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Buyers report fastest rise in new orders since October 2014

4 December 2020

Buyers reported the fastest rise in new construction orders since October 2014 in the latest IHS Markit CIPS UK Construction PMI survey for November.

The figures revealed a “sustained” recovery in UK construction output, with the rate of expansion accelerating from the previous month.

However, employment trends remained relatively weak across the construction sector and the survey warned that stretched supply chains resulted in a sharp increase in average cost burdens.

The UK Construction Total Activity Index registered a score of 54.7 in November, up from 53.1 in October (where a score of 50.0 indicates no change).

Construction companies indicated that house building was the best-performing area in November (index at 59.2), despite the rate of growth easing since October. Civil engineering returned to growth in November (52.3), while commercial work increased only marginally (51.9) and at the slowest rate for six months.

New business volumes expanded at a “robust and accelerated pace” during the month November. Buyers attributed the steepest rise in order books since October 2014 to a recovery in tender opportunities and improving confidence among clients.

But rising demand for construction products and materials placed additional pressure on supply chains in November. There was another sharp lengthening of lead-times among vendors and survey respondents often commented on transport delays and stock shortages. Meanwhile, input costs increased at the fastest rate since April 2019, with particularly sharp rises in timber prices.

Despite rising business activity and incoming new work, some firms reported ongoing job cuts amid efforts to reduce overheads. Around 51% of the survey panel forecast a rise in business activity during the year ahead, while only 16% predict a decline.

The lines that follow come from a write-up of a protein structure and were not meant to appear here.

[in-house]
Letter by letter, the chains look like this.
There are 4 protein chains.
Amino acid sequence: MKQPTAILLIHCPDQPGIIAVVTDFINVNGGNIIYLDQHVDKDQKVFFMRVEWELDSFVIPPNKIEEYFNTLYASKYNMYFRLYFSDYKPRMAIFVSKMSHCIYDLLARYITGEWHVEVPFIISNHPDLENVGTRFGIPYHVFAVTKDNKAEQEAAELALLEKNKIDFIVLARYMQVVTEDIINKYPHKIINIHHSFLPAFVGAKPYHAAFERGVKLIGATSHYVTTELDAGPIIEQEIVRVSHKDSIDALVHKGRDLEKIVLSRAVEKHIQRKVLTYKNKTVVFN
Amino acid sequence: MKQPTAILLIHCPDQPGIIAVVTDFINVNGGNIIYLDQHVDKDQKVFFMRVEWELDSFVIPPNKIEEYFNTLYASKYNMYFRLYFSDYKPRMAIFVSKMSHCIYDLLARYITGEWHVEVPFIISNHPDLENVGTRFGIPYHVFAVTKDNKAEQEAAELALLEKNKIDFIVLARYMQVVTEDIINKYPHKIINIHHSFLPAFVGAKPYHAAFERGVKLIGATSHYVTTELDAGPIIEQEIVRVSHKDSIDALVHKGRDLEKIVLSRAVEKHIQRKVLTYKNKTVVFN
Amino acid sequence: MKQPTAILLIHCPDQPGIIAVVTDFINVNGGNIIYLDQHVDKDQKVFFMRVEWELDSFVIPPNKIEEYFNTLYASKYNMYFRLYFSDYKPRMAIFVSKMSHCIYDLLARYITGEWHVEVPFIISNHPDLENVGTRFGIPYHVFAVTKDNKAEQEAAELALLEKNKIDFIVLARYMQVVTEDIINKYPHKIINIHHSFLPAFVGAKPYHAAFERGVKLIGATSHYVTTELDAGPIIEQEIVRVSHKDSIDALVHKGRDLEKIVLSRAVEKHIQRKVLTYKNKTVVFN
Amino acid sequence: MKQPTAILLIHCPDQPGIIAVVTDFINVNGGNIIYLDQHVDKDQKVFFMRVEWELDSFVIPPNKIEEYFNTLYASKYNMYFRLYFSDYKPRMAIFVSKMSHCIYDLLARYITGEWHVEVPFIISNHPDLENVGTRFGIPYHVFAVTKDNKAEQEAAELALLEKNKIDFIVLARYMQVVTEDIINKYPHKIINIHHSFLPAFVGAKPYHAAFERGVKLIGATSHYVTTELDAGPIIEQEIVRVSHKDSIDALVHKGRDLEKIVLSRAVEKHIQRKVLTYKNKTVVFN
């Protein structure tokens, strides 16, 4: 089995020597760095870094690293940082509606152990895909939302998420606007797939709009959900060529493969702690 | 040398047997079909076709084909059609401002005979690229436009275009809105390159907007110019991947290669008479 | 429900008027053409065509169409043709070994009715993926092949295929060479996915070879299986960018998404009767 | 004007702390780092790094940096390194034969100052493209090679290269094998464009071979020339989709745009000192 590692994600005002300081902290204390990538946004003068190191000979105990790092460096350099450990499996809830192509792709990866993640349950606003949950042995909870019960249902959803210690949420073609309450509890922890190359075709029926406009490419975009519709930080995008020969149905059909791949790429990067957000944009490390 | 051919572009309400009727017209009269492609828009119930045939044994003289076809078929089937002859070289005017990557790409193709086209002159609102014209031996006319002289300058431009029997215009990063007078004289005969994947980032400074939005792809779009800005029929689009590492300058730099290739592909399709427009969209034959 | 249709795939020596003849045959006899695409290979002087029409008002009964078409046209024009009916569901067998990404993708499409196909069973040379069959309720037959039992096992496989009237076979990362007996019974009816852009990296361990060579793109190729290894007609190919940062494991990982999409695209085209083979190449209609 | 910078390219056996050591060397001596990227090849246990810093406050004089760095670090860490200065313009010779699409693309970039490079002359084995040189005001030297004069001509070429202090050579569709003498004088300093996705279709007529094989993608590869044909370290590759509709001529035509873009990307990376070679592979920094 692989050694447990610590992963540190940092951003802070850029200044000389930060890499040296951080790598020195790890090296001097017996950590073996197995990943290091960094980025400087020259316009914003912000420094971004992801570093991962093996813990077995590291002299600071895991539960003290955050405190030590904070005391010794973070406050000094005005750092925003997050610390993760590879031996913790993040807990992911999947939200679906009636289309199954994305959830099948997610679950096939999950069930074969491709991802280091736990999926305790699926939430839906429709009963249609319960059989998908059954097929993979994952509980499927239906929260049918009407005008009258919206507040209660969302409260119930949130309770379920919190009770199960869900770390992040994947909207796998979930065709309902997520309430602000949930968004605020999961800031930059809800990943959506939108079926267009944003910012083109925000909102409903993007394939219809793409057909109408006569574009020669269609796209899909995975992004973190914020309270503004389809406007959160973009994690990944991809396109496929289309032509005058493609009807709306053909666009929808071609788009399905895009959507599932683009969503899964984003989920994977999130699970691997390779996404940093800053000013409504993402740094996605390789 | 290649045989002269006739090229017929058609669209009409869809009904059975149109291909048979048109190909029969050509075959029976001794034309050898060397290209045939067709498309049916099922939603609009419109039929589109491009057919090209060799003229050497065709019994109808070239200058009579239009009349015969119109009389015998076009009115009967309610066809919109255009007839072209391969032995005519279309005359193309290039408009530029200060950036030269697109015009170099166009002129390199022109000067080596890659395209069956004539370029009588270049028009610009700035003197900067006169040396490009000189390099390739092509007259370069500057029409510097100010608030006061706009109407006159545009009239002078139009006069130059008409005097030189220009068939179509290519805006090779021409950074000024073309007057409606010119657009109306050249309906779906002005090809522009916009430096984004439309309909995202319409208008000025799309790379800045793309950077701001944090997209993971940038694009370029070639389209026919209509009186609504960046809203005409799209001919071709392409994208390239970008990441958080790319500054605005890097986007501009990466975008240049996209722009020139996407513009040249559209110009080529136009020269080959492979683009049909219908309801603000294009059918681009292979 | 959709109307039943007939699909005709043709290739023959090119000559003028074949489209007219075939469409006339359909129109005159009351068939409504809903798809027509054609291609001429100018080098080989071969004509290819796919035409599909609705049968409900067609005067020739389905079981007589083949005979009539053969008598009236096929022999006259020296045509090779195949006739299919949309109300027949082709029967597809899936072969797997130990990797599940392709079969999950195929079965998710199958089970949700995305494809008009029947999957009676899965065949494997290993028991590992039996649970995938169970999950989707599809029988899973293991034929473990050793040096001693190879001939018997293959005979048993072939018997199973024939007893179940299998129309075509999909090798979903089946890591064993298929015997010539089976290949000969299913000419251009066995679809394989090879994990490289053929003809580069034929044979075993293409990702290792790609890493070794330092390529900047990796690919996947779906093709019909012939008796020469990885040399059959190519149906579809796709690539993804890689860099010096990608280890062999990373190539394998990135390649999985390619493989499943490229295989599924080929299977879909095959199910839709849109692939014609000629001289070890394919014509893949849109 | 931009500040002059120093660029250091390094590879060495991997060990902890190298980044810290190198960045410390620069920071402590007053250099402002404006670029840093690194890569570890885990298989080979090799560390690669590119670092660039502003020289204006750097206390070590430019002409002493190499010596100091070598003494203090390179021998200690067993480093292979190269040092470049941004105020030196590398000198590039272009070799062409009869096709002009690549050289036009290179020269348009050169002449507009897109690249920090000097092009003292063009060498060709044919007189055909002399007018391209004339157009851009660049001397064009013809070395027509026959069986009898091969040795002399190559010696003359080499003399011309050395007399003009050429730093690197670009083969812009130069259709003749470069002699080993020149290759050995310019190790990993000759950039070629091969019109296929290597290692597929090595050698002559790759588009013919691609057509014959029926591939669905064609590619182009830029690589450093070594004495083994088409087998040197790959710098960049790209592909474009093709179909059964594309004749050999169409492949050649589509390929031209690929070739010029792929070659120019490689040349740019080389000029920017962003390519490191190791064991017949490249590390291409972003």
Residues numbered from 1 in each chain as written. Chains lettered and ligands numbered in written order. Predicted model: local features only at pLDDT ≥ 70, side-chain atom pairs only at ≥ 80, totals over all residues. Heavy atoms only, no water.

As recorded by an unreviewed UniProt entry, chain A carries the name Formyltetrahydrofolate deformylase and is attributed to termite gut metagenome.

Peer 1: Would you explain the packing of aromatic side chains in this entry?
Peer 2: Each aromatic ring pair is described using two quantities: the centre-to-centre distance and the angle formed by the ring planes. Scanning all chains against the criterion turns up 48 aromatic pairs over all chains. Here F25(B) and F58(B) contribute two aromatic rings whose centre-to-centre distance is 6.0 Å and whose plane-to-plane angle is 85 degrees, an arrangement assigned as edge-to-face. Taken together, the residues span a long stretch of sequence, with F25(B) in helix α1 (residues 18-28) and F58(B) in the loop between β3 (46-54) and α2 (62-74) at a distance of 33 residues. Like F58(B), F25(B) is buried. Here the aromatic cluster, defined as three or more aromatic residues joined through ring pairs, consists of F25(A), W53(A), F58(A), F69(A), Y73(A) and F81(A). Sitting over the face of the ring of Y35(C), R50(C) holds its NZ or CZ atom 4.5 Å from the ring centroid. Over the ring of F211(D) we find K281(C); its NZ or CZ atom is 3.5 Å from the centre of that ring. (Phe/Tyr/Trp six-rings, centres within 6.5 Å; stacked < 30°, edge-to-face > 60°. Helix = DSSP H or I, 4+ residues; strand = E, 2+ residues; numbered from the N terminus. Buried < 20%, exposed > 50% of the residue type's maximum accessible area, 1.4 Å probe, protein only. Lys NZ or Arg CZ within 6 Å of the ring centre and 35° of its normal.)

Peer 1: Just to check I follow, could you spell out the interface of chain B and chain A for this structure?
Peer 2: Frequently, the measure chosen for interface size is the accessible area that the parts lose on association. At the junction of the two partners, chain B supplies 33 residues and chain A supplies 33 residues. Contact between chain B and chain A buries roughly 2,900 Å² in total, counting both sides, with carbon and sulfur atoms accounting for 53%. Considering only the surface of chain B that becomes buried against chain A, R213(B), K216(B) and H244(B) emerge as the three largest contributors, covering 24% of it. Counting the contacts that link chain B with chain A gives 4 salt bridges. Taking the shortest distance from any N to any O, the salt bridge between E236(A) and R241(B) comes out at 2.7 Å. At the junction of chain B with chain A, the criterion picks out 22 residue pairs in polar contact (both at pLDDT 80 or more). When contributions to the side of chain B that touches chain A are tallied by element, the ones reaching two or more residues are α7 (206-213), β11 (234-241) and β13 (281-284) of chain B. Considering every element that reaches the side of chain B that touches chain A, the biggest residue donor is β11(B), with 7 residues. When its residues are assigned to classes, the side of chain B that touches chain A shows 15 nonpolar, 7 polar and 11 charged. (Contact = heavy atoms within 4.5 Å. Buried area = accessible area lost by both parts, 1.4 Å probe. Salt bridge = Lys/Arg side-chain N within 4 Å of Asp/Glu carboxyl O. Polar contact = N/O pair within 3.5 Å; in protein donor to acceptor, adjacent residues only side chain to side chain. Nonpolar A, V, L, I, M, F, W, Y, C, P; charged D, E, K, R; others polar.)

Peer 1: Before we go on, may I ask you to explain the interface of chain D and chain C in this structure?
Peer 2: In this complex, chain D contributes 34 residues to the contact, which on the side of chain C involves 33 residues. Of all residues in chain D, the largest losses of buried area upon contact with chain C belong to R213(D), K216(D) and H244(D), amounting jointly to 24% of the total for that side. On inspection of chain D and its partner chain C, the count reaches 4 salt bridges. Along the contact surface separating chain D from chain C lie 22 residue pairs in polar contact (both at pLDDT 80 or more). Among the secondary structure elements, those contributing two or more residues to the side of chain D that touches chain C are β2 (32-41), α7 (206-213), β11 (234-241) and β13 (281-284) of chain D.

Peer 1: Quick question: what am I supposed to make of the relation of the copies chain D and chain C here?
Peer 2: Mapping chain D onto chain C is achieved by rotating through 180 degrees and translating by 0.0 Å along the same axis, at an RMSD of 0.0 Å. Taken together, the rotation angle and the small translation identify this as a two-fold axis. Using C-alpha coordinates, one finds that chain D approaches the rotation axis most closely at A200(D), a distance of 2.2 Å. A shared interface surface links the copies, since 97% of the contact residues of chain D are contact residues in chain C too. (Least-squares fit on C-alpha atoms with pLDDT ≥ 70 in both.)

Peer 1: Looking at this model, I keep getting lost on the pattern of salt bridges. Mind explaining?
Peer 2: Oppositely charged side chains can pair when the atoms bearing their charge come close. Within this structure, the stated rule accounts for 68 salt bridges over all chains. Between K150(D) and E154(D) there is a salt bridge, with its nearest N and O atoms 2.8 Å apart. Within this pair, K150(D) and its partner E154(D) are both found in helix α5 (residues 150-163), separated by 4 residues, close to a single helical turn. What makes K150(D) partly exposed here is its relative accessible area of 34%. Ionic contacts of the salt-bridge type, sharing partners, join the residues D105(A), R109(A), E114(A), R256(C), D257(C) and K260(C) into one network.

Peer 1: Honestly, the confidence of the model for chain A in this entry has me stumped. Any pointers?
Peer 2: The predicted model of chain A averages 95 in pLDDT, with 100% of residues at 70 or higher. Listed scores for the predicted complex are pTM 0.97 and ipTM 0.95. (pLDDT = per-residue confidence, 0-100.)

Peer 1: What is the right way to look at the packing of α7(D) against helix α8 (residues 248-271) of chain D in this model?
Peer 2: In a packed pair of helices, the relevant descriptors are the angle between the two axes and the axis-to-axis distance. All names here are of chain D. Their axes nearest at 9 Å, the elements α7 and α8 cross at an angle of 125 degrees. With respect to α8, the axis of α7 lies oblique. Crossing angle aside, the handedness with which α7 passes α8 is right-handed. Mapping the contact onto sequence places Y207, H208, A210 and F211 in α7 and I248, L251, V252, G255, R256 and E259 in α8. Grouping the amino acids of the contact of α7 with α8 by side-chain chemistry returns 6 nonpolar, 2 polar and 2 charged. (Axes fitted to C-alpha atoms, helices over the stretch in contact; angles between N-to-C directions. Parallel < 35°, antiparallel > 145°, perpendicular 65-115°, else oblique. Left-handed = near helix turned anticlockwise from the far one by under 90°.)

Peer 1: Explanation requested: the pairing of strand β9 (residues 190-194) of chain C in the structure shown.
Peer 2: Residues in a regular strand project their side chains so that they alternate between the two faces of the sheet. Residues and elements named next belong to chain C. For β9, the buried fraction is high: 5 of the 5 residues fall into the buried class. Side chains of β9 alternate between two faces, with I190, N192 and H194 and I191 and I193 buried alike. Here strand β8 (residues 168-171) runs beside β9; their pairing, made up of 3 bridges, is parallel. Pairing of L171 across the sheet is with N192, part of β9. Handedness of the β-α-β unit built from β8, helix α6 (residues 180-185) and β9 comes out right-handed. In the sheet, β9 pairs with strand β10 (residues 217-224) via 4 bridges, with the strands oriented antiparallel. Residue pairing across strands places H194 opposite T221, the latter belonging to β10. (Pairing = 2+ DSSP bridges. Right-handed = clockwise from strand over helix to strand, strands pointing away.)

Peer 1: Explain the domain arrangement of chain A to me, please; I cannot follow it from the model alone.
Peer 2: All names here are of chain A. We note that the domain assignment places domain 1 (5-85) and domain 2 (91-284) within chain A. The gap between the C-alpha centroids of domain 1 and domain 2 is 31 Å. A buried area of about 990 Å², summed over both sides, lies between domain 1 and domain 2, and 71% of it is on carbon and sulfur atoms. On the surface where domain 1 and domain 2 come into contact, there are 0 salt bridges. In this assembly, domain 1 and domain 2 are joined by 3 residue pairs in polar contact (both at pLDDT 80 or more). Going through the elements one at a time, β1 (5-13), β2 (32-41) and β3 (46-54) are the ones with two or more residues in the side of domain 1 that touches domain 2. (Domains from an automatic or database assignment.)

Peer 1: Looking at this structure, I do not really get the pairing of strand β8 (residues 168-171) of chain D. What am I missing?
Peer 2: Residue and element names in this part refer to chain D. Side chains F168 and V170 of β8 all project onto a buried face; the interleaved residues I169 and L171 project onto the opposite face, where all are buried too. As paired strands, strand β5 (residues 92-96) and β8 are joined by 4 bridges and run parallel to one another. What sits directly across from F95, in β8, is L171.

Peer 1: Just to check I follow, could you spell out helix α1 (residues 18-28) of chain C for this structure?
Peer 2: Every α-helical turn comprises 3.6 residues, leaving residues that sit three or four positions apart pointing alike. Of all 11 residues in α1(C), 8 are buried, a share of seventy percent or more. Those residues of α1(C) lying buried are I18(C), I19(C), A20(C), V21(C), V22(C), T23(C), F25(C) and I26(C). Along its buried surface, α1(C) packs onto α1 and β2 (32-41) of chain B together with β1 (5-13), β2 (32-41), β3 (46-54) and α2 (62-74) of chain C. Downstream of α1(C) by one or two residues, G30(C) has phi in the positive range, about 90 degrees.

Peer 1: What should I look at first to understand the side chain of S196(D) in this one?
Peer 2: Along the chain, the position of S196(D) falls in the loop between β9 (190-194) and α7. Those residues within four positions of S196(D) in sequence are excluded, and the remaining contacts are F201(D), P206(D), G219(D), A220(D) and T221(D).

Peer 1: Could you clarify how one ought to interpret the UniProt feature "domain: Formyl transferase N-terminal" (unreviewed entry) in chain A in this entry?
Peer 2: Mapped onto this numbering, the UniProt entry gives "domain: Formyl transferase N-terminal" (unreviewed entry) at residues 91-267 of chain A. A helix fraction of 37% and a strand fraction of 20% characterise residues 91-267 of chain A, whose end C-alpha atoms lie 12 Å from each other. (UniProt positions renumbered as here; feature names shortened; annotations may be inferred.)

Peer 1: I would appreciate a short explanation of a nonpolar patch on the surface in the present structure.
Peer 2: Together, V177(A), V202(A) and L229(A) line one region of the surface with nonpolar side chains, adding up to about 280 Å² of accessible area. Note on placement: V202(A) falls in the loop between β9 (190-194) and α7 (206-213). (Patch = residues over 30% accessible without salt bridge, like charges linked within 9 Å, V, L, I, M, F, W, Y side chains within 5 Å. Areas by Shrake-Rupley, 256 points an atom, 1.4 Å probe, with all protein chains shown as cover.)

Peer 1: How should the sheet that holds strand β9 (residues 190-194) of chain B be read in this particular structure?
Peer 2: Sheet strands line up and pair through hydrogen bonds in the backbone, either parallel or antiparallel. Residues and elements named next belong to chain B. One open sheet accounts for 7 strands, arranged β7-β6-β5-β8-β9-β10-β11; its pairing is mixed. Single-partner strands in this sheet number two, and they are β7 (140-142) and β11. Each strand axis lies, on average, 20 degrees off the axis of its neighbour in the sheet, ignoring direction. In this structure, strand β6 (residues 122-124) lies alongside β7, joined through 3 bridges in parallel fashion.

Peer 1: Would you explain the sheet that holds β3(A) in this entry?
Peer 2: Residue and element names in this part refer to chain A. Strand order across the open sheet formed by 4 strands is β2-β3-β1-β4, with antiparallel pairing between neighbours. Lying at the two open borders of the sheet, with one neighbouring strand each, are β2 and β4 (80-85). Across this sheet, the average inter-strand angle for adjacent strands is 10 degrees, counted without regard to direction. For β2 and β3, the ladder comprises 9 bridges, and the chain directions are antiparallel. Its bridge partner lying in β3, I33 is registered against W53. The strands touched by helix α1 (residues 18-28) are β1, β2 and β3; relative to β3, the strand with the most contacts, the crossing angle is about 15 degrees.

Tim Moore, economics director at IHS Markit, which compiles the survey, said: “UK construction output stayed on a recovery path in November and there were signs that the main growth driver has transitioned from catch-up work to new projects. The latest increase in new orders was the strongest since late-2014, with construction firms reporting a boost from rising client confidence and the release of budgets that had been held back earlier in the pandemic.

“House building was once again the stand-out performer, while a return to growth for civil engineering contributed to the rise in the headline PMI during November. Commercial construction lagged behind the recovery seen elsewhere in the sector amid subdued demand for office space, retail developments and other corporate projects hit by the pandemic.

“Supply chain challenges remain on the horizon, as signalled by another sharp lengthening of lead times for construction products and materials. Transport delays and low stocks among suppliers were reported by construction firms in November, which led to the fastest increase in purchasing costs for over one-and-a-half years.”

Commenting on the latest findings, Fraser Johns, finance director at Beard, said: “New orders at the highest level since 2014 really demonstrates that confidence is returning, new projects are back on plan and rather than just catching up on ourselves, the construction sector is continuing its recovery.

“Certainly, this reflects our own experience at Beard as we look towards 2021 with a head of work which is very healthy, not only for this year but at any time.

“While this is all cause for optimism, we also need to recognise that there is continued pressure on supply chains currently. That is going to be brought into sharp focus come 1st January if the Brexit talks currently ongoing are not resolved with an agreement of some sort. No industry sector as important to the economy as construction can afford to suffer due to delays at the border while we wait for materials to reach our sites.”